Patient Advocate Designation or Medical Power of Attorney

In Michigan, a designation of patient advocate is the term used for a durable power of attorney for health care, also known as a health are proxy – a document in which you give another person the power to make medical treatment and related personal care and custody decisions for you in the event you are incapacitated.

You may appoint anyone who is 18 years or older to be your patient advocate. However, it’s important to choose someone you trust can handle the responsibility and who is willing to serve.

Prior to acting on your behalf the patient advocate must accept the responsibility by signing an acceptance. While this does not have to be done at the time you sign the document, you should speak with the potential patient advocate to make sure he or she is willing to serve should it become necessary.

It’s important to note that you will be the one giving your patient advocate instructions on how you would like decisions made. For example, you can give your patient advocate power to consent or to refuse medical treatment for you, to arrange for home health care, arrange care in a nursing home or move you to a home for the aged.

In addition, if you express, in a clear and convincing manner, the patient advocate can make decisions to withhold or withdraw life-sustaining treatment, including food and water administered through tubes.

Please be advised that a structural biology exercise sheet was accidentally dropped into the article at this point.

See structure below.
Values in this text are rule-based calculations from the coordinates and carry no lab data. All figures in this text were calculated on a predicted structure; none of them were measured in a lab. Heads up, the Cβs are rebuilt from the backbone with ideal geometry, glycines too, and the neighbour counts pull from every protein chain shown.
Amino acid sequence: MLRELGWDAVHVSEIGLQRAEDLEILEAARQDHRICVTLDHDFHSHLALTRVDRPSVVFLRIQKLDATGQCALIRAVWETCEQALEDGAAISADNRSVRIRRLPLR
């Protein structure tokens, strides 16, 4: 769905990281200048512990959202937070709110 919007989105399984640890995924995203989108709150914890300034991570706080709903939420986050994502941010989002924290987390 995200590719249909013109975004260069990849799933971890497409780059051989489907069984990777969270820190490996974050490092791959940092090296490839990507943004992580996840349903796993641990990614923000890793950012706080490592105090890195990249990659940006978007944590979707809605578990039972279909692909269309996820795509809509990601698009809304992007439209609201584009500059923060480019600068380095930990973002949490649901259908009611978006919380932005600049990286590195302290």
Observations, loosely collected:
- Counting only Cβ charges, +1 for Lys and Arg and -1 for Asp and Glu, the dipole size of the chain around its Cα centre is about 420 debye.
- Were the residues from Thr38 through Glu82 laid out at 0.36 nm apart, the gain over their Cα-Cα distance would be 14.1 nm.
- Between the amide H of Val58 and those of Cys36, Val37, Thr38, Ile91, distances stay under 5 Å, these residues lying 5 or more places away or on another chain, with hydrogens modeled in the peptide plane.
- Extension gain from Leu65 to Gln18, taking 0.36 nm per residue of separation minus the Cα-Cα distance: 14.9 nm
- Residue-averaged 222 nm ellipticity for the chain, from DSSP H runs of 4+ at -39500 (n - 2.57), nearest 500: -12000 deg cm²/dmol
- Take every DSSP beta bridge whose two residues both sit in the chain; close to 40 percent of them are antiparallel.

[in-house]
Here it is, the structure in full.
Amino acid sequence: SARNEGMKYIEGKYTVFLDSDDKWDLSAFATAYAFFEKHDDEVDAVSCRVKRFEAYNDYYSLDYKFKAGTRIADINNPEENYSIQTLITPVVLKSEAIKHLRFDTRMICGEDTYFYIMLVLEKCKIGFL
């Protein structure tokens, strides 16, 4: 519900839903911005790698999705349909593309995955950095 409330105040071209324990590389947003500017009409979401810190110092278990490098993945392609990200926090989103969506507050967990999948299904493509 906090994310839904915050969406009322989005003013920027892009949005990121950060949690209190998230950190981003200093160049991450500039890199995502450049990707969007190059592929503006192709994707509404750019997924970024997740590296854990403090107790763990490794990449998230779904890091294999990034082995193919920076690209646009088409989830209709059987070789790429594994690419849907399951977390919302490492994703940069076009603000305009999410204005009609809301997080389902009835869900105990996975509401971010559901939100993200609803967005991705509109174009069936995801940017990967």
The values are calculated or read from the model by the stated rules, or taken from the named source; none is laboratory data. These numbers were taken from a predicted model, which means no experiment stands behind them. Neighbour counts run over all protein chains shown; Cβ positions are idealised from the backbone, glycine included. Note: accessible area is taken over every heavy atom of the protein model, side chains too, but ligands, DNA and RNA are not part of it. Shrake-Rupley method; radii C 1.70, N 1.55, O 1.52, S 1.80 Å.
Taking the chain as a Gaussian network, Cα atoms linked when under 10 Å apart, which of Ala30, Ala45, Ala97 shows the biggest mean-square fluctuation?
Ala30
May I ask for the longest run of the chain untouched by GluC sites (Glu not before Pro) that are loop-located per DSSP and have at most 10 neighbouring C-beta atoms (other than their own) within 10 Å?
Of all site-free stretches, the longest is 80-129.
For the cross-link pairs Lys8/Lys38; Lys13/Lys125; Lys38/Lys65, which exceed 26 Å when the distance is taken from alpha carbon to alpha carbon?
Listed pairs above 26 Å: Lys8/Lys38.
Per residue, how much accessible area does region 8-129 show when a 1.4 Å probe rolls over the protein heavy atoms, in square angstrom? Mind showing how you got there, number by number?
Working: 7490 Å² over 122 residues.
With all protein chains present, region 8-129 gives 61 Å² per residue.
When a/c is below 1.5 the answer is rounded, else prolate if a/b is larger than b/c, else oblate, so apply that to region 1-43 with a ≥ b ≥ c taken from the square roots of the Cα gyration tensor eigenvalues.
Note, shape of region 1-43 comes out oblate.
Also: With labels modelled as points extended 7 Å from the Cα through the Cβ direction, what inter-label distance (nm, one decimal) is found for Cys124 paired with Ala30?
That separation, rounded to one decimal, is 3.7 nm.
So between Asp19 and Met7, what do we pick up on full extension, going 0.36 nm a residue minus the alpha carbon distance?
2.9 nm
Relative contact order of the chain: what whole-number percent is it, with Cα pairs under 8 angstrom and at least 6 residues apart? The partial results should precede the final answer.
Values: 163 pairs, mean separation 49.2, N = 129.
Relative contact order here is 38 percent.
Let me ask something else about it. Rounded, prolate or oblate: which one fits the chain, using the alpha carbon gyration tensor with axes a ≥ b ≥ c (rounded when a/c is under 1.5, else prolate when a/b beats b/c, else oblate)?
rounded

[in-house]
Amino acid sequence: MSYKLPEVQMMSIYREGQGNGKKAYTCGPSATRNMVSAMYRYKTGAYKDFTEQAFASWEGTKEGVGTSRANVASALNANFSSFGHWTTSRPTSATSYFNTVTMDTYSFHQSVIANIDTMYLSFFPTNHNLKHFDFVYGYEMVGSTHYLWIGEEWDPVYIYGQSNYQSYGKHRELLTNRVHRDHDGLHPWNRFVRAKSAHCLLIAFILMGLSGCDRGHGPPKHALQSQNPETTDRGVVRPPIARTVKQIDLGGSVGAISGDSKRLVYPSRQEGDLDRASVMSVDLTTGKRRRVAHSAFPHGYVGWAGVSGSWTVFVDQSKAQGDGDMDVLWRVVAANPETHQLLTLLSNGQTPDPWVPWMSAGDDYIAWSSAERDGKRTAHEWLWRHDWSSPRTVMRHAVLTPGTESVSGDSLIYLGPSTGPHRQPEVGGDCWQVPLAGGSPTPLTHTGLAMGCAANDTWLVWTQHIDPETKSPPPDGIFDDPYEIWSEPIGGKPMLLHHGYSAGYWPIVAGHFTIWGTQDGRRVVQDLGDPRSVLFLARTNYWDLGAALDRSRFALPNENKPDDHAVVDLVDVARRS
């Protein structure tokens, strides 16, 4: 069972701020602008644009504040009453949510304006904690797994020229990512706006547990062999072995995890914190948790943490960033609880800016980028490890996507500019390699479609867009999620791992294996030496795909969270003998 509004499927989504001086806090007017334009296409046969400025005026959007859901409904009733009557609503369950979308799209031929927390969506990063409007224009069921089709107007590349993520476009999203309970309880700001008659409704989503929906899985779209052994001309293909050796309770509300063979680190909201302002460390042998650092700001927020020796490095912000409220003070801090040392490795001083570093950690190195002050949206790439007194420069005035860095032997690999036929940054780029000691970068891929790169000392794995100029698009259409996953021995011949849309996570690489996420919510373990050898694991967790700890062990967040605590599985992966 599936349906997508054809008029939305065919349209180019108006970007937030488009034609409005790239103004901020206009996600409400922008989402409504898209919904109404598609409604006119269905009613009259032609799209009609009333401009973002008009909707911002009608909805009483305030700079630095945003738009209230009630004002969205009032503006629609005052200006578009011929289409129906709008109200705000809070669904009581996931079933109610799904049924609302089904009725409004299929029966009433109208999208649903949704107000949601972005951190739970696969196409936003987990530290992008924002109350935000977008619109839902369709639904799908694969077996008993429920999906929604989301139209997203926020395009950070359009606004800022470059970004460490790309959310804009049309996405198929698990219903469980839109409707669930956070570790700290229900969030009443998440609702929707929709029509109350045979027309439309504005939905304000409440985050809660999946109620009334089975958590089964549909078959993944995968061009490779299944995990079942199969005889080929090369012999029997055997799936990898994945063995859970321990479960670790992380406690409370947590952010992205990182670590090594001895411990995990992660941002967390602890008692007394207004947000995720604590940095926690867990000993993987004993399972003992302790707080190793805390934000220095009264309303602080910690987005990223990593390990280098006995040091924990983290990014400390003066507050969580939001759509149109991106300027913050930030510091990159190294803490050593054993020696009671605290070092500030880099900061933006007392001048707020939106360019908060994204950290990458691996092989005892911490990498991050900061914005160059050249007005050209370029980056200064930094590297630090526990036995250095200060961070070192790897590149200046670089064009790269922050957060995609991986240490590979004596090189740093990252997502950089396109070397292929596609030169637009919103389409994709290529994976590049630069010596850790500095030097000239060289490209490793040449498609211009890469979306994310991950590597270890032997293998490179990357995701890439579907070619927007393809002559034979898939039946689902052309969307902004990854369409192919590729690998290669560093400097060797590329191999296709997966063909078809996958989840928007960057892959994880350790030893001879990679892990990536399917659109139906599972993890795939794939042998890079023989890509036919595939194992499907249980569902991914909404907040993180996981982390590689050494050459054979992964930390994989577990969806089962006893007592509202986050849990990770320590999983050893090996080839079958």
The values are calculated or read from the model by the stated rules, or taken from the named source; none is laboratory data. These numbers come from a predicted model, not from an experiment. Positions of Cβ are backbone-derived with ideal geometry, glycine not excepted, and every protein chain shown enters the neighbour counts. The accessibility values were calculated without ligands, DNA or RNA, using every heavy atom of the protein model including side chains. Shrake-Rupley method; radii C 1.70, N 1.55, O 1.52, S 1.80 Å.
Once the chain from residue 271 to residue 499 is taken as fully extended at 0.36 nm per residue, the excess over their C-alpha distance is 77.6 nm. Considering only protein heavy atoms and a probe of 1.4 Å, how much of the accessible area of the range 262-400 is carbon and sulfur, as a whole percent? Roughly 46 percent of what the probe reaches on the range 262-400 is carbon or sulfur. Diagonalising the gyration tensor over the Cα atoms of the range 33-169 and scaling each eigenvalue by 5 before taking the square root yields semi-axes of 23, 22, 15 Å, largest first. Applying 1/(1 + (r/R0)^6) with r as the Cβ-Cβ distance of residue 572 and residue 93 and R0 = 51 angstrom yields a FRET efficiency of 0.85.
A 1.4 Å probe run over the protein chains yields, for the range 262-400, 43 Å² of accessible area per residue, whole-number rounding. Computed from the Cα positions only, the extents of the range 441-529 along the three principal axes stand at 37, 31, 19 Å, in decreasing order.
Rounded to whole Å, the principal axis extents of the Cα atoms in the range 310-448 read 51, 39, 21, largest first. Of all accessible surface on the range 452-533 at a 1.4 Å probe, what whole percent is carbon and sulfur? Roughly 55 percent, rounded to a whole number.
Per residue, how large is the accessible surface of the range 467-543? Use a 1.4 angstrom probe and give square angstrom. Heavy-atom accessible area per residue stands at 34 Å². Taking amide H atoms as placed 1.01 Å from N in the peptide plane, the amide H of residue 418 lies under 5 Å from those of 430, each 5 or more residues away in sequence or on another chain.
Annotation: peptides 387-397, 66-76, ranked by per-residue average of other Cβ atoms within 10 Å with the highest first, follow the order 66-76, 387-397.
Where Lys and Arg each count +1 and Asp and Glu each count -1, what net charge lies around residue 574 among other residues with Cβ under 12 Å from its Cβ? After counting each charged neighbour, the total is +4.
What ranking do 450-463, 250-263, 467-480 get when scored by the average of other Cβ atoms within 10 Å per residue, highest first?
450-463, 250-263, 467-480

Michigan law requires a patient advocate designation to be executed in the presence of and signed by two witnesses. However, not just anyone can be a witness. The witnesses must not include your spouse, parent, child, grandchild, sibling, presumptive heir, known devisee, physician or patient advocate.

If, at any time, you wish to revoke the patient advocate designation you may does so in any manner sufficient to communicate an intent to revoke.

Durable Power of Attorney

A power of attorney is a document permitting someone to manage your financial affairs. A durable power of attorney allows your agent to make financial decisions when you are no longer competent.

Therefore, if you were incapacitated for any reason your agent could sign your checks, make deposits for you, pay your bills, contract for medical or other professional services, sell your property, or get insurance for you. Basically, your agent is able to do all the things you do to manage your everyday affairs.

A durable power of attorney must be signed in front of a notary or two witnesses. The elected agent must also sign an acknowledgement of responsibilities and duties before he or she is allowed to exercise any authority.